LOCALLY DELICIOUS FOOD FUND CHALLENGE Locally Delicious, Inc. and St. Joseph’s Partner For a Successful Fourth Year of Donating to Food for People Please help!
Food for People (FFP) has received over $22,000 over the past three years through the Locally Delicious Food Fund Challenge, thanks to the authors of Locally Delicious, St. Joseph Hospital's Community Benefit Department and the local community. The goal this year is to raise $10,000, a $2,000 increase over last year. The Food Fund benefits low-income families, children, and seniors throughout Humboldt County. As usual, this year’s award will be divided among local farmers growing specific produce items for the Food Fund. Since its inception, the Locally Delicious Food Fund has generated more than 14 tons of delicious local produce, including spinach, squash, cucumbers, beans, tomatoes, chard, kale, potatoes, and melons.
"Locally Delicious Food Fund" As in past years, Locally Delicious will give a free copy of the book, Locally Delicious, to all people who donate $50 or more to the food fund. The donation goes directly to Food for People so please make sure to indicate that you want your donation to go to the Locally Delicious Food Fund when you fill out the donation form.
Locally Delicious has a new book!
LunchBox Envy released December 1, 2012
LunchBox Envy is a how-to cookbook for kids and families. To learn more about this unique, educational cookbook visit our LunchBox Envy page and watch our video, below.
Support our work by making a direct donation to the Locally Delicious organization online, or mail a check. Please write your phone number on the check, include your mailing address if you would like a donations receipt.Online:
Mail donation checks to:
Locally Delicious, Inc. c/o Suzanne Simpson P.O. Box 309 Arcata CA 95518
Locally Delicious, Inc. is a registered 501(c)(3) Non-Profit Organization. All or part of your gift may be tax deductible as a charitable contribution. Please check with your tax advisor.
Locally Delicious, Inc.
"A recipe for change through the re-localization of our food system - one tomato at a time"
Locally Delicious is an incorporated, 501(c)(3) non-profit organization that supports the "re-localization" of the California North Coast food system and advocates for relocalization of food nationwide.
We have produced two editions of Locally Delicious: Recipes and Resources for Eating on the North Coast™, a unique, community-oriented cookbook and resource guide written specifically for the North Coast bio-region. With the profits from the sale of this book, we contribute to and participate in many community projects that support the local food system. Our next book, Lunchbox Envy™, will focus on how to use sustainable foods to plan healthy, affordable lunches for children. All proceeds will be re-invested in the Tri-County region of Northern California (Humboldt, Del Norte & Trinity counties).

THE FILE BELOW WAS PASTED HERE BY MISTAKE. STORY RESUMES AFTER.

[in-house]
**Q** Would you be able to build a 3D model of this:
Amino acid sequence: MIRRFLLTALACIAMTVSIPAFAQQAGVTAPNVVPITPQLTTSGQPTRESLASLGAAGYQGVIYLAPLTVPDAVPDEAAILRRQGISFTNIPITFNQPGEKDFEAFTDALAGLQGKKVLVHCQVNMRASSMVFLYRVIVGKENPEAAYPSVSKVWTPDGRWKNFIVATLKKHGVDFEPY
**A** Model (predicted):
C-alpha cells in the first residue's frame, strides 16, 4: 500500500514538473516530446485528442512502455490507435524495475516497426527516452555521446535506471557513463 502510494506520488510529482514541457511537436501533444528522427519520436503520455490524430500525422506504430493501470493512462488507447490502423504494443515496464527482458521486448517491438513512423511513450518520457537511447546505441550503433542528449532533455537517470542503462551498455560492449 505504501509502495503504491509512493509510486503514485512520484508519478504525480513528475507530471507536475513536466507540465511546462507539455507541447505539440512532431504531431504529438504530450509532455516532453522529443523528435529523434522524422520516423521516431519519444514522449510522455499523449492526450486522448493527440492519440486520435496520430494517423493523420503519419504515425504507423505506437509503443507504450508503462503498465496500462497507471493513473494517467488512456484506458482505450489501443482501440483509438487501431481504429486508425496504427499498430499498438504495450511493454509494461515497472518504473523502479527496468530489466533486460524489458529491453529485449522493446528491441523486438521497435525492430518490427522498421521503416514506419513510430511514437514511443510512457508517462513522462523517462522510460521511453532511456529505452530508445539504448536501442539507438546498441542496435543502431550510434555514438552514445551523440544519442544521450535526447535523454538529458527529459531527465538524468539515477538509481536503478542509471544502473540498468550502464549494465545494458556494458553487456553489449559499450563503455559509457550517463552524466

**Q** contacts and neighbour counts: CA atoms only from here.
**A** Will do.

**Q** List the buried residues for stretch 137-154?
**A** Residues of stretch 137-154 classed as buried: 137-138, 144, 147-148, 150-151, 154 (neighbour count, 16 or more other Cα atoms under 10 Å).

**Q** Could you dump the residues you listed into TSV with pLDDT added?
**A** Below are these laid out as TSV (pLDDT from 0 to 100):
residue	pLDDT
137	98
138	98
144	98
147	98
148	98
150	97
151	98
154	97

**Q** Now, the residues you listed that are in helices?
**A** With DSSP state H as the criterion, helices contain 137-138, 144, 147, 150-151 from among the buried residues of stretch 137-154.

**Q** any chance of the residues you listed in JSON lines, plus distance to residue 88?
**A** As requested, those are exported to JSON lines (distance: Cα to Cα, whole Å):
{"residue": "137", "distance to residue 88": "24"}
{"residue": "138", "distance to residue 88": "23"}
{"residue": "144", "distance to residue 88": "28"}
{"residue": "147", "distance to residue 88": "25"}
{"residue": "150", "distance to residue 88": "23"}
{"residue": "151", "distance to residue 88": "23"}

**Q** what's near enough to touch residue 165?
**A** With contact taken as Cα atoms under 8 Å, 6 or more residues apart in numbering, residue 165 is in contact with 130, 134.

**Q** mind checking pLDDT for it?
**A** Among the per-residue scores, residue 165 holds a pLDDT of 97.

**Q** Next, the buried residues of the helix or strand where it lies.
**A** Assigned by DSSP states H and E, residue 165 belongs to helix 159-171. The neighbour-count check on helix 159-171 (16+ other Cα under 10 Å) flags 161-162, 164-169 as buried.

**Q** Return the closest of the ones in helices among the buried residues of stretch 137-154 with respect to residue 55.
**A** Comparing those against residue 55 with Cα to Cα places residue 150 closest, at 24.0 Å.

Educate children and adults about how to improve personal health, health of the community and the planet by the food choices we make.
Help provide healthy, local, organic food to all in the community, not just the wealthy.
Provide small grants to other community organizations with similar goals.
Help to build a local sustainable food system.
We, on the North Coast of California, are blessed with a temperate climate and a varied set of environments from oceans and rivers to coastal plains, valleys and forests. Each environment provides us with wonderful foods. We are also blessed with people who care about our food. Our farmers, ranchers, fishers and dairymen/women work hard to make healthy food available. Local grocers and restaurants support the farm community and we have organizations supporting our food system. We have the potential to sustain ourselves with local food.
Food History of the Bio-Region and Our Mission
Humboldt County, California has long been known the world over for its unusual agricultural practices. But, did you know that until about 60 years ago, Humboldt County produced a bounty of edible crops? Over its history the North Coast bio-region produced many types of prize winning grains including wheat and barley. Fruits such as apples, pears and plums were in great abundance. We were a leading supplier of potatoes for potato chips. In 1951 we produced over 10 million eggs and had a healthy poultry industry. In the 1890's we exported over 20 million pounds of food a year to the San Franciso area. We were feeding ourselves and many others. Today we only supply 8-10% of our own food.
The "redwood curtain" was as real then as it is now. Being cut-off and miles away from the nearest metropolitan port is nothing new to residents of the bioregion. For centuries geographic challenges around the world dictated how various regions ate. It wasn't until large scale, industrial agricultural practices took over and big box grocery chains began offering sub-standard food at discount prices that the face of agriculture in this country changed. In modern times, we have watched these practices damage (sometimes irreparably) the health of our environments, local economies, societies and families. We recognize in our verdant lands and close-knit communities of the North Coast bio-region a chance to repair the damage and build something new. Please join us in our work in building healthier lands and people through food.